The Double

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Reviewed by: Anne-Katrin Titze

Jesse Eisenberg in The Double
"I wished for Billy Wilder's spirit from The Apartment to take over the tone just a little bit."

Jesse Eisenberg plays nervous inhibited Simon James and his confident Machiavellian double, James Simon, in Richard Ayoade's muggy adaptation of Dostoevsky's novella The Double. Set in a grey-yellow dream time of undistinguished past or future, subway cars from what looks like the middle of the 20th century bring our timid hero to his nightmarish office dungeon, where Kafka's threshold guardian meets Terry Gilliam's bureaucratic divinities.

A nonentity for the guard, no matter how long he has worked in the same place, and a malfunctioning ID produce in Simon the overwhelming dread that aligns so well with his private life. We see him feeding his mother some disgusting looking food in the dreary home for the old where she lives with her witchy pals. Clocks are ticking, dialogues are all too whispery and ominous.

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At his cavity of a home, on his military bed, to signal the relaxing part of his day, he changes into white sneakers and spies on his neighbor and co-worker, lacy white-clad Hannah (Mia Wasikowska) through the rear window across the courtyard. The stalking is very familiar and Ayoade nods his head to Alfred Hitchcock and Krzysztof Kieslowski with blue glass beads chiming in the wind.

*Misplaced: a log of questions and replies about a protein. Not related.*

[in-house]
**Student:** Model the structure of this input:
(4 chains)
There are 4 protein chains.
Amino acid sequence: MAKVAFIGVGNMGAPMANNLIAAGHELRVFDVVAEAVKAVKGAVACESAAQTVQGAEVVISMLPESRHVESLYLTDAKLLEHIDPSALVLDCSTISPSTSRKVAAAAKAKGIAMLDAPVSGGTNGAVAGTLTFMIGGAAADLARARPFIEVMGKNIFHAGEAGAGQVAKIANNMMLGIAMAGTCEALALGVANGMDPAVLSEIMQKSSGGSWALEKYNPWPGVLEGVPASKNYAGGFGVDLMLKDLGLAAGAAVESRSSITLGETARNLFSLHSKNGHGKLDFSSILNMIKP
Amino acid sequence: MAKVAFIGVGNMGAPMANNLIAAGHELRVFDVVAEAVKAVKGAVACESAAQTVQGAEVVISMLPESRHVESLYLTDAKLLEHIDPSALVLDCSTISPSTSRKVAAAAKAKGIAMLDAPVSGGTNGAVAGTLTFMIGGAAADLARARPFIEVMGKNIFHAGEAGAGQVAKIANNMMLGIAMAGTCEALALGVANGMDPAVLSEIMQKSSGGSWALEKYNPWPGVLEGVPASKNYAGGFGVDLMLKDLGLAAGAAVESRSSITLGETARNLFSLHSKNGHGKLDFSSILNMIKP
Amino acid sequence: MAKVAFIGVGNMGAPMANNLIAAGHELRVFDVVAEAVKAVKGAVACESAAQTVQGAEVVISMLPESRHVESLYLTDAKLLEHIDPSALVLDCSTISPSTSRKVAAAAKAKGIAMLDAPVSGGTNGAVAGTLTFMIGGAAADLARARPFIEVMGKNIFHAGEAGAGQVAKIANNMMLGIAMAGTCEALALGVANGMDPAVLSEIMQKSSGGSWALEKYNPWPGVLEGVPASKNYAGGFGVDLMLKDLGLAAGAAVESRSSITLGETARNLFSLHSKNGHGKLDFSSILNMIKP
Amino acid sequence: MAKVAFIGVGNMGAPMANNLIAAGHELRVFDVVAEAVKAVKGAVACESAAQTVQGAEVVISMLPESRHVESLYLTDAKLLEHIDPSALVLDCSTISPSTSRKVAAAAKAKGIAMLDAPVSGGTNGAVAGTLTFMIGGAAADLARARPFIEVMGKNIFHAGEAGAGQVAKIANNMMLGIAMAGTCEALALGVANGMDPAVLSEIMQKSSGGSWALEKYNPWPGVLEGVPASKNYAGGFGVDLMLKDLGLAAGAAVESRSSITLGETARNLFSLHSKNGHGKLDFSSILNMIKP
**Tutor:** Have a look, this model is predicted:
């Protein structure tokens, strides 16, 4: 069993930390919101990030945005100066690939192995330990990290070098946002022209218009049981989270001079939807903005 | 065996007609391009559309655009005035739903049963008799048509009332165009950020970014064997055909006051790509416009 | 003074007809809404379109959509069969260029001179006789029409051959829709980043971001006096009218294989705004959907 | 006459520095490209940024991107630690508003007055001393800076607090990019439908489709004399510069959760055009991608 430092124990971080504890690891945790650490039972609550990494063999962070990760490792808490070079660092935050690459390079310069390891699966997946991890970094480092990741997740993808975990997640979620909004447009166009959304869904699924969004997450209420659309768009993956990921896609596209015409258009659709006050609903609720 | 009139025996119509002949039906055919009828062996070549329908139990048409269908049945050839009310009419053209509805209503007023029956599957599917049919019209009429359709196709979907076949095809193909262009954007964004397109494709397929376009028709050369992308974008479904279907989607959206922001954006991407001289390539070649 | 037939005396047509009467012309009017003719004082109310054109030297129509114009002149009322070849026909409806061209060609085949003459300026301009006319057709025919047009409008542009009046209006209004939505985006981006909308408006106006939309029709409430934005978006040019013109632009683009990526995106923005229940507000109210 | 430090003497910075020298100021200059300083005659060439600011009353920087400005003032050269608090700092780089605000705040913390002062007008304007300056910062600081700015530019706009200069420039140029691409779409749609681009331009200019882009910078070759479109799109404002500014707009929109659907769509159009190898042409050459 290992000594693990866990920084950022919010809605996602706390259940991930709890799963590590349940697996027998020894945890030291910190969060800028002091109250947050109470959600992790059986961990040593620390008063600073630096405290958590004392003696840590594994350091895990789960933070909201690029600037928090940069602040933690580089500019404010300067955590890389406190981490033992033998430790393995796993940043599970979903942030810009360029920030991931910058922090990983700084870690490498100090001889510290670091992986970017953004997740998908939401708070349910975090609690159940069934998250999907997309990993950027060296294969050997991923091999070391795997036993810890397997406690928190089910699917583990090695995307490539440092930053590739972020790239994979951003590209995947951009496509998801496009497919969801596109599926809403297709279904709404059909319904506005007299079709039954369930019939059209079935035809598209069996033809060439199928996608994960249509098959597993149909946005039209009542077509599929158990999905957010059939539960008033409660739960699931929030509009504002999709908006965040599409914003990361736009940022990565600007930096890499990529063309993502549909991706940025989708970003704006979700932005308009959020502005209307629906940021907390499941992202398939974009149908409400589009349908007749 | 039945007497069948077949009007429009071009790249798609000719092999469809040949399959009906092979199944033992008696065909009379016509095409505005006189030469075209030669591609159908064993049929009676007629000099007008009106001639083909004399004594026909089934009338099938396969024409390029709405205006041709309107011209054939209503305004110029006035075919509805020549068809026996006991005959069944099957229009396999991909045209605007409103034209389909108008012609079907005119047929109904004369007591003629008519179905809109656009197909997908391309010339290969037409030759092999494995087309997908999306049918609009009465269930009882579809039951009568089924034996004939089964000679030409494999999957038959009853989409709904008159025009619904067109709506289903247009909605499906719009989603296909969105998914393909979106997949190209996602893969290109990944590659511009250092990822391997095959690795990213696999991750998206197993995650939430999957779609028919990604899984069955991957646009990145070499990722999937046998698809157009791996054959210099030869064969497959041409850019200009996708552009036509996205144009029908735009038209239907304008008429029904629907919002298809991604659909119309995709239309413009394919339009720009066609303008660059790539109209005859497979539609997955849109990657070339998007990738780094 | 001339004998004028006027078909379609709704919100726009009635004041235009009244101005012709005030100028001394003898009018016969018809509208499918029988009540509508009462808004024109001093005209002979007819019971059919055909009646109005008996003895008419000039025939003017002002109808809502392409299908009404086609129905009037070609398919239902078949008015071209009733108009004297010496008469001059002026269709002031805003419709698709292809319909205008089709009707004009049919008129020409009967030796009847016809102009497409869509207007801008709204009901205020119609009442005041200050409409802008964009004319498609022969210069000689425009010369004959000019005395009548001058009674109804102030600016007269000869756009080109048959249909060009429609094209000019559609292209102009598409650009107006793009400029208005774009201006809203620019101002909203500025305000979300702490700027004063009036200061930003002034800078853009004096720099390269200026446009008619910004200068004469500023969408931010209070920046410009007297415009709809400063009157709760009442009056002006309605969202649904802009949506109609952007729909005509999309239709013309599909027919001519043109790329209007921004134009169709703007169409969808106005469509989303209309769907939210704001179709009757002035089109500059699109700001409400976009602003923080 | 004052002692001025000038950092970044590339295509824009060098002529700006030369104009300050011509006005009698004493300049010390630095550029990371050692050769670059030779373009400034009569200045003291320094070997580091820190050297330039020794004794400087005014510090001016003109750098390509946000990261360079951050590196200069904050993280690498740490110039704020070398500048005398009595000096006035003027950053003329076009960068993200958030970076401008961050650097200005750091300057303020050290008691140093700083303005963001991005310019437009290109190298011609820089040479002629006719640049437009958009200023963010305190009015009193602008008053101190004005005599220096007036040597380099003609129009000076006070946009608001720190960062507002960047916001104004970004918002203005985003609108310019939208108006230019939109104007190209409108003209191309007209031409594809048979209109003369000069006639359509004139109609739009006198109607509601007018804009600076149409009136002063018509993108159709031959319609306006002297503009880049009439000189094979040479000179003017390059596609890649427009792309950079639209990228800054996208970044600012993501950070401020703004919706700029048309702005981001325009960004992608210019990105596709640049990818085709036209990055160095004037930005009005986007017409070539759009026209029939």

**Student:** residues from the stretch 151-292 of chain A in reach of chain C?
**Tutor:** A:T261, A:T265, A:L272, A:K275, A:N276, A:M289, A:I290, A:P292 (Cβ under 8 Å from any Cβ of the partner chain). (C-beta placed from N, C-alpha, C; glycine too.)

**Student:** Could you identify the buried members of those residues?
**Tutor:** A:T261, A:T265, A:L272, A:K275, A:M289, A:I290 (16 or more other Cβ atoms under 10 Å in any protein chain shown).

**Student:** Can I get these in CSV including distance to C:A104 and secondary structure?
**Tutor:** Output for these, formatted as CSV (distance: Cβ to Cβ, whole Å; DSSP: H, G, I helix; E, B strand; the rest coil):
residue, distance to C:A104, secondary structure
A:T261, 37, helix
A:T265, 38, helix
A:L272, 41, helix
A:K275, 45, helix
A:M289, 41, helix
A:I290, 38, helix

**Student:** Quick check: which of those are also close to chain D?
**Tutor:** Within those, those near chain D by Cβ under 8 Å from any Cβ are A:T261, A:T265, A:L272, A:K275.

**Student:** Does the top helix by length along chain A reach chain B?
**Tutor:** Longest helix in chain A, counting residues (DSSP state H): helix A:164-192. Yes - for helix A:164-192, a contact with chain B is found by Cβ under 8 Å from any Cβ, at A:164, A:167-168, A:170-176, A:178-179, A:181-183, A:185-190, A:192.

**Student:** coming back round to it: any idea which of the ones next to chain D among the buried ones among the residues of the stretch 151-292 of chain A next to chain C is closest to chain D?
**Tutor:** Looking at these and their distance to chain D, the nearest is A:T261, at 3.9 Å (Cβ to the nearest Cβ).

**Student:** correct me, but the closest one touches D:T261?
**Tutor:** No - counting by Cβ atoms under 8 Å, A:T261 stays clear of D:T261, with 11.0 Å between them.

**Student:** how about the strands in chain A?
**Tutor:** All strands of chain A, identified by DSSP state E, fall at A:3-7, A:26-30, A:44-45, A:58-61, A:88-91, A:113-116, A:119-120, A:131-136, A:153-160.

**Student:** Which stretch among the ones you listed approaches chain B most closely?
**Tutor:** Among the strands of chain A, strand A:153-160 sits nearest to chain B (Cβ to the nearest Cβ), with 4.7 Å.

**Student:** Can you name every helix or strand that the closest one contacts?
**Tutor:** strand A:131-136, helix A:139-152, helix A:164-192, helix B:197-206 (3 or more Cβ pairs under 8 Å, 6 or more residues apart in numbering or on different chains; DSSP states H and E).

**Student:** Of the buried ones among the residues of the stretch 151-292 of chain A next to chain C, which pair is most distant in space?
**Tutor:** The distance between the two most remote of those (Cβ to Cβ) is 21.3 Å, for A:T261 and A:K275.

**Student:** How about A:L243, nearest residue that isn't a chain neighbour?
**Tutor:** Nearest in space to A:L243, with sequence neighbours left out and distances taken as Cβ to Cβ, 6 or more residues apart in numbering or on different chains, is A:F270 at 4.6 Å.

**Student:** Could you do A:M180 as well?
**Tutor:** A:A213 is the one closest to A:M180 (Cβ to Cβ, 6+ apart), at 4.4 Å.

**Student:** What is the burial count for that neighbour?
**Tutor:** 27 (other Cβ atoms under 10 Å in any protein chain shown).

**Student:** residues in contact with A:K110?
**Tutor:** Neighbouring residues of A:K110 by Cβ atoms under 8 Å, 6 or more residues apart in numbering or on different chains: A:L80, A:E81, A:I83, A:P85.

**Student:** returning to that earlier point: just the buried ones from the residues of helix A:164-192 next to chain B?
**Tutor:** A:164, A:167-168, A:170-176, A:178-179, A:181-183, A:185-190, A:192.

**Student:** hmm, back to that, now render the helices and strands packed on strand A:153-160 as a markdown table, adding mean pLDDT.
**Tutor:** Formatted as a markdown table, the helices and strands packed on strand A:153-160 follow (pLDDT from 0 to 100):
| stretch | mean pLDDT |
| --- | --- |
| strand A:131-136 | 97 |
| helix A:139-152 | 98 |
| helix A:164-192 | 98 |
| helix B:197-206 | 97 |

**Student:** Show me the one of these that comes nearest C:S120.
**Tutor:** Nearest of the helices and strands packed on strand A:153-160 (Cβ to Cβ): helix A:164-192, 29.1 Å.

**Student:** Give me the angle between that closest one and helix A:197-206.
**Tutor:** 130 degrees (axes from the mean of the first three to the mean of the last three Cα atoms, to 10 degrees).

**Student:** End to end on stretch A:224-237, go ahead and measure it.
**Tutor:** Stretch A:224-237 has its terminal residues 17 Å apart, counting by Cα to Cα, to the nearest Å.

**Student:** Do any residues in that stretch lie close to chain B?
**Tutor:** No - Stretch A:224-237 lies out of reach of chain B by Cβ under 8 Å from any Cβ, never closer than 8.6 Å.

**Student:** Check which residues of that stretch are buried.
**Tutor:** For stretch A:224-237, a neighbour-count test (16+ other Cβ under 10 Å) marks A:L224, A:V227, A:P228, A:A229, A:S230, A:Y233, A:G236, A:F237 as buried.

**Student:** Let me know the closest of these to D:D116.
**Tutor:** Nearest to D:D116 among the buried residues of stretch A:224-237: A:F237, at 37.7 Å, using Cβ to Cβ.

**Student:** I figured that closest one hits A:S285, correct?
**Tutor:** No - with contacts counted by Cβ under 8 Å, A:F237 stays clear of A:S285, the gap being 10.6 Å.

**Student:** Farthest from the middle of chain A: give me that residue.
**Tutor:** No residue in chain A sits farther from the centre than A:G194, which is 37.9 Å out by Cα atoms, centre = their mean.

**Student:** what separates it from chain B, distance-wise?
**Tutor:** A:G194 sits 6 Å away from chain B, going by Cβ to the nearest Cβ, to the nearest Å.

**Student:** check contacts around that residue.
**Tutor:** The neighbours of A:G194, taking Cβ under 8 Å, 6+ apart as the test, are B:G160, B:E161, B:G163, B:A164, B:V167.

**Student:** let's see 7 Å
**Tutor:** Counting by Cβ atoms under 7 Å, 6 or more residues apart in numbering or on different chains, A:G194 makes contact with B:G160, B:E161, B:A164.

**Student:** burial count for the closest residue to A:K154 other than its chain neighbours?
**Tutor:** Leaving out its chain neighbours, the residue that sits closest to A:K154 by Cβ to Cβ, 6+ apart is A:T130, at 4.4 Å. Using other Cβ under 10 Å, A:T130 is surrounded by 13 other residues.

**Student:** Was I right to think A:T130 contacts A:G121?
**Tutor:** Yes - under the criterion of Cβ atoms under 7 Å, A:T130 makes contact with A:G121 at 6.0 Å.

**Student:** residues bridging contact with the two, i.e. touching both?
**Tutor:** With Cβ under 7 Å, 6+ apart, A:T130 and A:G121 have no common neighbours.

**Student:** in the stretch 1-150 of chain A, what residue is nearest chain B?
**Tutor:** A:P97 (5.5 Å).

In this case, peeping Simon runs over to the garbage chute to collect the bloody finger paintings Hannah smears and tosses. In the nightly courtyard (there is no outside daytime in this world), he runs into the suicide squad, detectives who investigate nothing but suicides and who predict and even recommend Simon's own.

Enter his double, James Simon, who looks like him and sounds like him, only he is confidence personified and confirms with every gesture that Simon is really "a bit of a non-person". In the scenes between the two at a nightly diner and in the subsurface office, Eisenberg's performance(s) unites a wretched sense of entrapment in fated traits with much pined for humor. "I'm like Pinocchio, I'm a wooden boy," turns out to be a handy line. Mentors, rivals, enemies, the men's relationship is a battle of ghosts with Eisenberg's face. "You are no longer in the system. You never existed - you can't get a card because you're not in the system."

Sally Hawkins makes a brief appearance playing a receptionist who, with much relish, dishes out administrative torment.

When the confident double takes over and asks for the keys to the other's apartment to meet with the girl of his stalker dreams, I wished for Billy Wilder's spirit from The Apartment to take over the tone just a little bit and deliver us from dread while exposing it.

Reviewed on: 28 Mar 2014
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The Double packshot
Jesse Eisenberg finds his world turned upside down by the arrival of a confident and ambitious doppelganger.
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